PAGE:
I joined the Indian Police Service in 1968. Unbeknown to us probationers, the Research and Analysis Wing was also formed the same year. Much later, possibly in early 1971, as an assistant superintendent of police in Palghat, I went to call on Kinattinkara Sankaran Nair, one of the two founding fathers of the new organisation. He was in town to visit his cousin, Babu Ramakrishnan. It was then that I was told that external intelligence was no longer part of the remit of the Intelligence Bureau. In 1976, I was called up to join the Cabinet Secretariat, a euphemism for the new external intelligence agency. I served the agency for 23 years, superannuating as its chief in January 2007. Working in the R&AW was an exhilarating experience.
Ramji Kao was the officer handpicked by Indira Gandhi to set up the new organisation. He, in turn, chose Nair to be his deputy. The reasons for separating external and internal intelligence by creating a new agency are obscure. Kao, who would have been the right person to comment on it, has not left any papers which are traceable. Nair, in his memoirs The Rolling Stone that Gathered Moss, suggests that the defence ministry’s complaints about the inadequacy of intelligence provided in the 1965 war might have been the reason. In any case, the practice in most western democracies was to separate internal and external intelligence. By the time the next war with Pakistan broke out, the new organisation had hit the ground running.
Kao and Nair were two personalities totally different from each other. However, they got along splendidly and complemented each other. Kao was suave, perfectly turned out, highly religious, soft-spoken, a teetotaller and an introvert. Nair was tough and rough, and did not mince words. Though he had a great sense of humour, he did put the fear of God into his subordinates. The planner and the implementer together built up a great organisation in no time, overcoming apparently insurmountable difficulties. By the time I joined the organisation in 1976, it was deemed to be an honour to become a “Kao-boy”.
I remember reporting to Kao in Room 115 of South Block. It was September, and Kao was in his white cottons. He scrutinised me from head to toe through his black-rimmed glasses and it was only thereafter that I was offered a seat. Nair walked in and told Kao about my background and my most recent posting as commissioner of police in Thiruvananthapuram. To my utter surprise Kao said he was aware of the good work I had done in Thiruvananthapuram. Later, a Keralite who was on Kao’s personal staff told me that he had been asked to preserve a paper clipping on me that had appeared in a national newspaper sometime earlier. The news item was about a direction I had given as commissioner of police that at least one medical shop should be kept open every night to ensure round-the-clock availability of medicines. It seems Kao’s mother died because a medicine which she required urgently was not available at night.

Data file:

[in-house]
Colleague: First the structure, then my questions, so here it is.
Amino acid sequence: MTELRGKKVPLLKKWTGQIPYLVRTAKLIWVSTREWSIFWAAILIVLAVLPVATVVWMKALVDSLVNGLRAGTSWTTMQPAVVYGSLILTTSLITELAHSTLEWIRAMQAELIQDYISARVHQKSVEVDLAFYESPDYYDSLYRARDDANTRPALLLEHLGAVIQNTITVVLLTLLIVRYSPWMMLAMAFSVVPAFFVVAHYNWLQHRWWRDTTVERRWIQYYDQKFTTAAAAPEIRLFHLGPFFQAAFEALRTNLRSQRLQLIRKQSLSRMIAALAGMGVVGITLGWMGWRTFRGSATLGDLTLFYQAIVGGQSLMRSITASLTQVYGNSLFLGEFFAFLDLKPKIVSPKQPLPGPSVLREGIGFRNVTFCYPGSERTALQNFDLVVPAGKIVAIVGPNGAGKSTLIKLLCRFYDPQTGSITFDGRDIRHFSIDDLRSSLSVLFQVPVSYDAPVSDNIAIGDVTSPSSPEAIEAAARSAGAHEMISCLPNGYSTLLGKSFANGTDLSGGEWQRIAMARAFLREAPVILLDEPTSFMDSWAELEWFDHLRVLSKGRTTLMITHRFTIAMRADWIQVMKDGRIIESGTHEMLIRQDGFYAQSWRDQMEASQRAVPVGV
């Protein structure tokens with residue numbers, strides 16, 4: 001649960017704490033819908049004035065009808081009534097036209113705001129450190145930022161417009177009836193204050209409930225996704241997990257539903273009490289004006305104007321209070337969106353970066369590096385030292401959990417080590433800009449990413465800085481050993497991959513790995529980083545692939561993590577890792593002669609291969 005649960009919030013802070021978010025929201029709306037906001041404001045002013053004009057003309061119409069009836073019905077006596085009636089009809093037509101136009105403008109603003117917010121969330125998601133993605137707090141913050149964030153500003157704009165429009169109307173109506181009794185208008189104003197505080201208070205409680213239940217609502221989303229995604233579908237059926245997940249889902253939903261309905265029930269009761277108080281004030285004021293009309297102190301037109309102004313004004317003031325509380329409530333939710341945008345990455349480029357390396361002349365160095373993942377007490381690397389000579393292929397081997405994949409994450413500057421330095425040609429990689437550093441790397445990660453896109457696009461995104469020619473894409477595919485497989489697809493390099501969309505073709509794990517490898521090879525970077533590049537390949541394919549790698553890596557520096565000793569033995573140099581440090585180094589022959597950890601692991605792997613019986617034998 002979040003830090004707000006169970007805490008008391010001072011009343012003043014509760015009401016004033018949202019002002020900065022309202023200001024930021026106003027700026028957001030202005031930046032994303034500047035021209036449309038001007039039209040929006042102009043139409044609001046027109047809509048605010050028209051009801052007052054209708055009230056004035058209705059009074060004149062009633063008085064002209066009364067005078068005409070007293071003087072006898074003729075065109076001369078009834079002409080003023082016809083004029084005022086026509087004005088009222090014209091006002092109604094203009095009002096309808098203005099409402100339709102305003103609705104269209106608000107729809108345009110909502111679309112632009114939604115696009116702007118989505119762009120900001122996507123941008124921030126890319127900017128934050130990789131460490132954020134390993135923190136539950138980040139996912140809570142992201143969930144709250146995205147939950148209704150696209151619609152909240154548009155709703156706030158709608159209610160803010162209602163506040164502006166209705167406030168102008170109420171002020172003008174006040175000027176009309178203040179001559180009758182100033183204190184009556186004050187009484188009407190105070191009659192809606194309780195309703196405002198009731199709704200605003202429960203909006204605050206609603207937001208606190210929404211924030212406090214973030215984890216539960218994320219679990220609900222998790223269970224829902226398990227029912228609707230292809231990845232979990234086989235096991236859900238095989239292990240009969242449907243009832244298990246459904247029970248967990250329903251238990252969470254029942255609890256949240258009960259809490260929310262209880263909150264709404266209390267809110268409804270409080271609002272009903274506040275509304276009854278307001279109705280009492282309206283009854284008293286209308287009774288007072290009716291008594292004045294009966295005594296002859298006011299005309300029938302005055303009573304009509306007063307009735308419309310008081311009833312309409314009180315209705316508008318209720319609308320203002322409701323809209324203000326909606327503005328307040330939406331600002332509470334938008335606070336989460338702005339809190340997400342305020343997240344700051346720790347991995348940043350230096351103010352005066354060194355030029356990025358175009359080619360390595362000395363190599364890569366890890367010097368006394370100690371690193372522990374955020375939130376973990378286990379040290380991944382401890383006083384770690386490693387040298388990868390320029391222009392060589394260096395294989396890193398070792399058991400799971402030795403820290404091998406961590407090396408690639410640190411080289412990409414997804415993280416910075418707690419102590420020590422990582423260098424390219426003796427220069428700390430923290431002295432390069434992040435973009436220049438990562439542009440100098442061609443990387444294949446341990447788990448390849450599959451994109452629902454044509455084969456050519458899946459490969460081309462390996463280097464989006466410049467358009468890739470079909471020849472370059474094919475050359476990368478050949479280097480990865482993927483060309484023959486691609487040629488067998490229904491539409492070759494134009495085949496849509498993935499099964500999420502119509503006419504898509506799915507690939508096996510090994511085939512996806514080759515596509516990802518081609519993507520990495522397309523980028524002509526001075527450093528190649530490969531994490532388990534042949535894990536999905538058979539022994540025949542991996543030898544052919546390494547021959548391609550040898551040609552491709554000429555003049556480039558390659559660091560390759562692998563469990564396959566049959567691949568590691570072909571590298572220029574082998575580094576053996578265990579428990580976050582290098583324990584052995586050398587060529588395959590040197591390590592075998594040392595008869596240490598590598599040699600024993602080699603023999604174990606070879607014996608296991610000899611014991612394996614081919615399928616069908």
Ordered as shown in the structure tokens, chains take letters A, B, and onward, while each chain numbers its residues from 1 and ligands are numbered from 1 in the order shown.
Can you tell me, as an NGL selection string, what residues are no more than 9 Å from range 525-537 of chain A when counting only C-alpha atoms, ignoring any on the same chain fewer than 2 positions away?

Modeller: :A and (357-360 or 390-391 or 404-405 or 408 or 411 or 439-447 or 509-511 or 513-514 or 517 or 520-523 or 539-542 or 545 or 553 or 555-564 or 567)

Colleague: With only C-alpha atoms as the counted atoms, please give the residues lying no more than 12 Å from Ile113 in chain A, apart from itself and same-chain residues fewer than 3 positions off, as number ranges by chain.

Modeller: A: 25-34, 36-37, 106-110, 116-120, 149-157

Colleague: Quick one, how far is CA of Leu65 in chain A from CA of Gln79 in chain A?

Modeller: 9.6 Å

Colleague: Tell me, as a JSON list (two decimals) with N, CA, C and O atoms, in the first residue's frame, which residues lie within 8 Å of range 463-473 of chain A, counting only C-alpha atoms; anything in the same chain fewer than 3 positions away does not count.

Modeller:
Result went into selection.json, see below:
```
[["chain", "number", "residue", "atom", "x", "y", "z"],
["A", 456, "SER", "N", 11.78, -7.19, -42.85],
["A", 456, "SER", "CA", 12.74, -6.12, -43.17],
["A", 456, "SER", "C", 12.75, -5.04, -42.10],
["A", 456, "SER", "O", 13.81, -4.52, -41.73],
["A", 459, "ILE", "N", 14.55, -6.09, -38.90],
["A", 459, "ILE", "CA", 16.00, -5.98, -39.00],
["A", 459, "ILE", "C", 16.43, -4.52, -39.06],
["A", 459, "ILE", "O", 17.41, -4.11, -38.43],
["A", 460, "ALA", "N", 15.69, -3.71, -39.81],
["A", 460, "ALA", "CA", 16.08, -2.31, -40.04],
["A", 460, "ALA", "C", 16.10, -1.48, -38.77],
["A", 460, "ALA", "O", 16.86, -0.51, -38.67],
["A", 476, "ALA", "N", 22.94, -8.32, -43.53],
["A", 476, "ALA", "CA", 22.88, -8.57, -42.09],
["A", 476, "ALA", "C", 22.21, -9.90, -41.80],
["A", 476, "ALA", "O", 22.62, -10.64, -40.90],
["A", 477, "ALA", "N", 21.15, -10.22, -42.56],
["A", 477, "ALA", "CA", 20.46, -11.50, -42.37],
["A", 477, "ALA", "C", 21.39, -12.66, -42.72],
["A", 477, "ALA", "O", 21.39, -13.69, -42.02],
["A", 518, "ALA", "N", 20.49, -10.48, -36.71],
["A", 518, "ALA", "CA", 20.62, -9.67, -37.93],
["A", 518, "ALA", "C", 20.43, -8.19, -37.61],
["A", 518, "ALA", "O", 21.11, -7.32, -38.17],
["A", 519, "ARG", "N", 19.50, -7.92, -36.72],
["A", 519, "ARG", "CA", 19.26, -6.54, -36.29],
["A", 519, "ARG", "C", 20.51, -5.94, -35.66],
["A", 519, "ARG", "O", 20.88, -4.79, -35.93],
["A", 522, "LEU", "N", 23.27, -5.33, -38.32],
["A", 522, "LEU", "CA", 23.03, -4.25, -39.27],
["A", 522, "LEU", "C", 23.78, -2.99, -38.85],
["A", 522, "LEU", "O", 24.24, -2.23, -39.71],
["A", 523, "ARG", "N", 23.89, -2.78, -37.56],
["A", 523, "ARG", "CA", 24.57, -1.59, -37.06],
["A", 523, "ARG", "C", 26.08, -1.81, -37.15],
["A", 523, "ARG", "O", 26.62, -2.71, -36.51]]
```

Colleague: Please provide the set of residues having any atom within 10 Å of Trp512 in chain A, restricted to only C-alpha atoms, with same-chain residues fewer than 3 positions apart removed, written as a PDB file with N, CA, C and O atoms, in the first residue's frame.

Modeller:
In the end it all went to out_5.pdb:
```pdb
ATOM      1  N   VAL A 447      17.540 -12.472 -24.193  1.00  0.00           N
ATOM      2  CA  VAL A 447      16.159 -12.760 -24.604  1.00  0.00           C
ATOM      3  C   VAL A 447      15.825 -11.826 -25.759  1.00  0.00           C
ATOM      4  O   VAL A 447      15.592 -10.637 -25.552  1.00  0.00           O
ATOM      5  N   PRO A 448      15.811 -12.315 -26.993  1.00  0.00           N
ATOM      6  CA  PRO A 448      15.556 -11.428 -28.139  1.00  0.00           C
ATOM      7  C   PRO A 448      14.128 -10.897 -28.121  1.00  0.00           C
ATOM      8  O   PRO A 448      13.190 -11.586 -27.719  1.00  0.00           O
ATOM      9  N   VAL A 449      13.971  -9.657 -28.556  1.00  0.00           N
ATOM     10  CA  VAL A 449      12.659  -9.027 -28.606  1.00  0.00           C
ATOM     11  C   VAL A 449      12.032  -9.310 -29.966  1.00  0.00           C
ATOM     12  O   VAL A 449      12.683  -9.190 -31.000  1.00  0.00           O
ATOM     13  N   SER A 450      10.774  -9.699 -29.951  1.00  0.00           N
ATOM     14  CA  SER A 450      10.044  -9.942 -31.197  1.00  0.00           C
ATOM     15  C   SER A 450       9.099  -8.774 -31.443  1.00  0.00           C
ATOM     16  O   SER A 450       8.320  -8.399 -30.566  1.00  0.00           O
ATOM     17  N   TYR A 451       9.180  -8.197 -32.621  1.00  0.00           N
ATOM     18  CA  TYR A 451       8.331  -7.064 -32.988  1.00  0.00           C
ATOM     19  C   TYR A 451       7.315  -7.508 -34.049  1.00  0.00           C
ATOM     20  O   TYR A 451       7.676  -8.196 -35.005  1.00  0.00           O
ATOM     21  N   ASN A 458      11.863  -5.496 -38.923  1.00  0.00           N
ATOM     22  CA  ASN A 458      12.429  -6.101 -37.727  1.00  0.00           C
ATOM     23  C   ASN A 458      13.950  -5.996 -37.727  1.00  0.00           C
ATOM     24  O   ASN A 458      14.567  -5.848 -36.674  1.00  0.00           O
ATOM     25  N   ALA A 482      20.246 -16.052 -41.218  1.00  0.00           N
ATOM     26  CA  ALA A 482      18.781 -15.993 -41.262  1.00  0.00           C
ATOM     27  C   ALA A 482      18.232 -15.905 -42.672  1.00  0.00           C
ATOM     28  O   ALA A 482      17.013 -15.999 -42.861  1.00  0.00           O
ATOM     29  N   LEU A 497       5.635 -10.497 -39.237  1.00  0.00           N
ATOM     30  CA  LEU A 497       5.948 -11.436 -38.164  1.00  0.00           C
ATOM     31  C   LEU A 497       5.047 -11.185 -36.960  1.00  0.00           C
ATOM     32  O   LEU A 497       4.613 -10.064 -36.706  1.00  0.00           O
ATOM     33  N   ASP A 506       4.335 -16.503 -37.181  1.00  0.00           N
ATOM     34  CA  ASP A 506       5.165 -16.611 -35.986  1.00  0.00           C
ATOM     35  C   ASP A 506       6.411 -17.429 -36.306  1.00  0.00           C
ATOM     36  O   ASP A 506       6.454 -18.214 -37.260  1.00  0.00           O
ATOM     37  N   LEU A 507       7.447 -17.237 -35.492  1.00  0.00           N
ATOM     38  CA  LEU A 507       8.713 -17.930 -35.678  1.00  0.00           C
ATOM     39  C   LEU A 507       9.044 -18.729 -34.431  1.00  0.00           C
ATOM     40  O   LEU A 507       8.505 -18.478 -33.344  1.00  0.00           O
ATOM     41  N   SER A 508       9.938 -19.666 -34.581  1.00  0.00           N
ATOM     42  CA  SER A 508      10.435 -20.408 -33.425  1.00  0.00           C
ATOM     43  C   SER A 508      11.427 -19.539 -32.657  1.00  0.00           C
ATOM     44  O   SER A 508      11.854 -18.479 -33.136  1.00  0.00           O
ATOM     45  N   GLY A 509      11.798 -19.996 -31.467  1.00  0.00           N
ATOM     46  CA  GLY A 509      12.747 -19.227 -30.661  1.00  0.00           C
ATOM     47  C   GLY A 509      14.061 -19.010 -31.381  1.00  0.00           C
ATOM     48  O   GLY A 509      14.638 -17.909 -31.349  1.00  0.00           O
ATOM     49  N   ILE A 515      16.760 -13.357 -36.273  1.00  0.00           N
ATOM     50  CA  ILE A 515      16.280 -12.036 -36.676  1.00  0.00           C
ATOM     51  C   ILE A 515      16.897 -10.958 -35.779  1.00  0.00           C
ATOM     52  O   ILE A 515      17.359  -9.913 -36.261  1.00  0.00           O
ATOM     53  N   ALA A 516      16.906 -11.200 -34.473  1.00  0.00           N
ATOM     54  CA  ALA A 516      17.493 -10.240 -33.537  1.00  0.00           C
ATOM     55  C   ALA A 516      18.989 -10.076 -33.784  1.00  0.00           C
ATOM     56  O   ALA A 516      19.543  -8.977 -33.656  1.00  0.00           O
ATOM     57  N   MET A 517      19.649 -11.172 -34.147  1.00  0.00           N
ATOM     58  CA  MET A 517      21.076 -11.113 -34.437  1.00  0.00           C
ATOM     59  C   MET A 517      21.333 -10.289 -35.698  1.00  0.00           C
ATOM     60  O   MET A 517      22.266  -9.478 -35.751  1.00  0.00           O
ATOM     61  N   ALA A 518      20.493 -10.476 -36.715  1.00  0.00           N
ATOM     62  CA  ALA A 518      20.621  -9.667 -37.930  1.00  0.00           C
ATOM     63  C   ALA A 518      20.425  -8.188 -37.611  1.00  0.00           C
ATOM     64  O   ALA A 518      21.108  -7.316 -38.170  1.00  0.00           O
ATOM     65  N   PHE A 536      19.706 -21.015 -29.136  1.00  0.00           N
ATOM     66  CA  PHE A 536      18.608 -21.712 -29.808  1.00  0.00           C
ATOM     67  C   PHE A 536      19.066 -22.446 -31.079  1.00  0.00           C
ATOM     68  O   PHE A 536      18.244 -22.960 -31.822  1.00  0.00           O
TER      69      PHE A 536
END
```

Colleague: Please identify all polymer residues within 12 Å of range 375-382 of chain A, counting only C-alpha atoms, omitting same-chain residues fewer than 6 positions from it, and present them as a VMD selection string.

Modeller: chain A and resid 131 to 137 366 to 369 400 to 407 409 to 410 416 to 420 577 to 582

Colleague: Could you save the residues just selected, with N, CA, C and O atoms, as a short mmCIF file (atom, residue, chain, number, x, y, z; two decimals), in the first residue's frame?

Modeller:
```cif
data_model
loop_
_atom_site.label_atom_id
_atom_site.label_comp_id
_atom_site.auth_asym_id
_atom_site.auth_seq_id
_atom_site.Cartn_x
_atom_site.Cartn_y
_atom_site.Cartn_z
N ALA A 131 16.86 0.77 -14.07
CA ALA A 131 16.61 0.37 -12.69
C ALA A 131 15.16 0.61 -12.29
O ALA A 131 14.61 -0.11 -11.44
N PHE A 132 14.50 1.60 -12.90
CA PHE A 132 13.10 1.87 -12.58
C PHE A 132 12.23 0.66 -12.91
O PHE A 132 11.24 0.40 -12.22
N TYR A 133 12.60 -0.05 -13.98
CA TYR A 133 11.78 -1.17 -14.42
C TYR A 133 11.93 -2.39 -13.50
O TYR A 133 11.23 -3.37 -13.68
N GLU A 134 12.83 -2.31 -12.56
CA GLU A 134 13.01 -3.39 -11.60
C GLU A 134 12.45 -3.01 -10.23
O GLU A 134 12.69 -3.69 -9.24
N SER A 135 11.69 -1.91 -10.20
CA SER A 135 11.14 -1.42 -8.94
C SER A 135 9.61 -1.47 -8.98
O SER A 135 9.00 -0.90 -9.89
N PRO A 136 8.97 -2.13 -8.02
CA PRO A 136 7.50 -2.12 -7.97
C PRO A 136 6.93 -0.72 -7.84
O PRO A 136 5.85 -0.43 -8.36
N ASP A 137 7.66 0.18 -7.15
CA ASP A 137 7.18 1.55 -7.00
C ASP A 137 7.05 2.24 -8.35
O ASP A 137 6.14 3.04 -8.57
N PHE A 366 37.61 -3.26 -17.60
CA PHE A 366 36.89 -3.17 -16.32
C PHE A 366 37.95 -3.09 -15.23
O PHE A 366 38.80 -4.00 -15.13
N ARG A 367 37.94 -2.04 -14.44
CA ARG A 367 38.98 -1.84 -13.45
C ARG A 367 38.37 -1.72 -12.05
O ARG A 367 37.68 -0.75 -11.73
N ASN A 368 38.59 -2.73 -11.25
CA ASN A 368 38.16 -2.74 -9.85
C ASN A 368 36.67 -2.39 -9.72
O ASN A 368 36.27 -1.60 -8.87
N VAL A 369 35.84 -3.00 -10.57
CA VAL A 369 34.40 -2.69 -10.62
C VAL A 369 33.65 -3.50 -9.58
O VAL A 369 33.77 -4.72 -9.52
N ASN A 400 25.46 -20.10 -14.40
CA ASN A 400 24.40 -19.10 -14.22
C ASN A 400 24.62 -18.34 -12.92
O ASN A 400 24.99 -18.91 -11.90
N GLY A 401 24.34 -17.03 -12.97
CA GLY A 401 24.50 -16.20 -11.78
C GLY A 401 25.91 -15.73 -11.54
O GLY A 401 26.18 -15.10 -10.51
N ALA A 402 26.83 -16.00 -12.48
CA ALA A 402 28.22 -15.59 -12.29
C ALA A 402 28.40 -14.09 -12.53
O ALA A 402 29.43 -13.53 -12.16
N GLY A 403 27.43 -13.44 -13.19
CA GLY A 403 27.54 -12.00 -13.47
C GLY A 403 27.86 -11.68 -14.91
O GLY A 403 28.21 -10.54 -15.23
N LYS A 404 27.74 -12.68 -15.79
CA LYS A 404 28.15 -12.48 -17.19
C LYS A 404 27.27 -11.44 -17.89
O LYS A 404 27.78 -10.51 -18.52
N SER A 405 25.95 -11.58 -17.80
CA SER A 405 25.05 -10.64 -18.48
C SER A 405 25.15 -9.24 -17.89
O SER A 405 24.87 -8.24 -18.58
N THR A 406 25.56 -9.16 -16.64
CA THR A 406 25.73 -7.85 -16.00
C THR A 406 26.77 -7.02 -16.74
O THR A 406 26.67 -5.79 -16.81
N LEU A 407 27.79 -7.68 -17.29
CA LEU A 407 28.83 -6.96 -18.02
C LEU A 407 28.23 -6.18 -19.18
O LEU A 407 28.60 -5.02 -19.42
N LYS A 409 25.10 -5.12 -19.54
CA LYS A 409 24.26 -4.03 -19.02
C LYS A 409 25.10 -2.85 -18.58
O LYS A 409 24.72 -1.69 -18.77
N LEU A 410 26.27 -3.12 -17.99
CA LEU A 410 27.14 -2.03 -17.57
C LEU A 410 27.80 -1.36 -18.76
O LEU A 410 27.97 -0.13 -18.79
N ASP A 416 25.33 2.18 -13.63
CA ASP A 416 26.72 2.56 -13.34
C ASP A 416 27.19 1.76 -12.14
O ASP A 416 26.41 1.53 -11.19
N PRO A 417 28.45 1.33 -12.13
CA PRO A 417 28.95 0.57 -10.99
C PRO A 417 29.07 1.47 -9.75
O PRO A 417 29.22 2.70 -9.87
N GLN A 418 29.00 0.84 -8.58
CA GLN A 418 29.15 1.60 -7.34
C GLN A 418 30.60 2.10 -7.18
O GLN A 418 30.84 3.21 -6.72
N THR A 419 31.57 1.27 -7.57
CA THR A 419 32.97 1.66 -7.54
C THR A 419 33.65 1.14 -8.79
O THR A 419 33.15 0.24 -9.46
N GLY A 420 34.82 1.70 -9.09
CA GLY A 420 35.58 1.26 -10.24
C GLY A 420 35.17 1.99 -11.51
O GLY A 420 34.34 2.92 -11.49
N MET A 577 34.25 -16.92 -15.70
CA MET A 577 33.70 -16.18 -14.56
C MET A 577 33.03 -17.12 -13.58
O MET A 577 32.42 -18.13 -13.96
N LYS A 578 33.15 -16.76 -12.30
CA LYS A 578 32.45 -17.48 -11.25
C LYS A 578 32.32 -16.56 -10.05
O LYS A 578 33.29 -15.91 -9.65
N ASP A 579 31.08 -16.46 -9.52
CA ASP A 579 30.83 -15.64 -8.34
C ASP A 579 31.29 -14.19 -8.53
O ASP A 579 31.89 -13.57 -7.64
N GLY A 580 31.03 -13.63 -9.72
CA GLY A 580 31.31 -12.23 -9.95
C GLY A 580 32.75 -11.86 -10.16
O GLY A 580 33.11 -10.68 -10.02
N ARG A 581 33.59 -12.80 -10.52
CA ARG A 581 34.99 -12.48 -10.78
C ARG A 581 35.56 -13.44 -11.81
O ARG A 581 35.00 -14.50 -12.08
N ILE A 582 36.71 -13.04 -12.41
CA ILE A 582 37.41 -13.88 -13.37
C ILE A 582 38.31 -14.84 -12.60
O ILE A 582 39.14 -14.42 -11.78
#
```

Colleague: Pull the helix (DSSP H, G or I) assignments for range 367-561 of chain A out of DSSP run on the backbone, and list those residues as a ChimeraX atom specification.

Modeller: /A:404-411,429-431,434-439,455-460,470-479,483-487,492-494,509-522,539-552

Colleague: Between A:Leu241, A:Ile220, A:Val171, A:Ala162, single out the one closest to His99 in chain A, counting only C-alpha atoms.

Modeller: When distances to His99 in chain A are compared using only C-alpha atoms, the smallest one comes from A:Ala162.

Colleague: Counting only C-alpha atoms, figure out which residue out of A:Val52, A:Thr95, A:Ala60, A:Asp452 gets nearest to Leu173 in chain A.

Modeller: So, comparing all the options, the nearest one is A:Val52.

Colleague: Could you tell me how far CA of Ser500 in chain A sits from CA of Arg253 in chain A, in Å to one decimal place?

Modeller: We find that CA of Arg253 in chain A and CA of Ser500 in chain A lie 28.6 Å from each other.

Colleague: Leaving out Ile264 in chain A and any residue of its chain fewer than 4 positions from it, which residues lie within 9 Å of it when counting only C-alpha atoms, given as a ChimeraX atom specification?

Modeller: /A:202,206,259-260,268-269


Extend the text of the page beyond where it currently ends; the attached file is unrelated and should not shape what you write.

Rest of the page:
I, along with a few other newcomers, had to undergo an orientation course lasting a few weeks before we were inducted into the organisation. On the day we completed our training, Nair came to address us. He asked us if we had assimilated all the dirty tricks we had been taught. We said yes. Then he told us, with the gravitas that he summoned whenever needed: “You shall never use these tricks in pursuance of your personal needs. These are meant solely to be employed in the service of the nation.” Operationally, there was no one to match Nair in the organisation. He commanded much respect internationally, too, in the shadowy world of spooks.
An intelligence organisation’s importance varies with the degree of proximity that its chief enjoys with the prime minister. Kao was very close to Indira Gandhi, but Nair had to leave because he did not get along with her successor. There have been times since then when the relationship was close, and times when it was not so close. The national security architecture has undergone significant changes since the times of Kao and Nair. The revamp which took place after Kargil resulted in some of the responsibilities of the R&AW being taken away and given to newly created organisations.
There have been personnel problems and issues of falling morale. The debate still continues as to whether there should be an exclusive method of recruitment into the R&AW, since it needs people with different capabilities than those required by ordinary civil servants. The focus of intelligence agencies is no longer merely on the military capabilities of perceived enemy nations. Terrorism per se has emerged as the biggest threat. New tactics need to be developed. New capabilities, too. Coordination has now been identified as the greatest need and challenge, especially in the fight against terrorism.
There have been high moments and low, but there has never been a dull moment in the years that I spent in the R&AW. As a former chief, I would like the organisation that I once headed to be the best and the biggest. But the reality is that in the evolving national security architecture, with its emphasis on coordination, the R&AW is but a cog, though a very important cog. The quest, in this time and age, needs to be for excellence and not necessarily for primacy.
Tharakan is a former R&AW chief.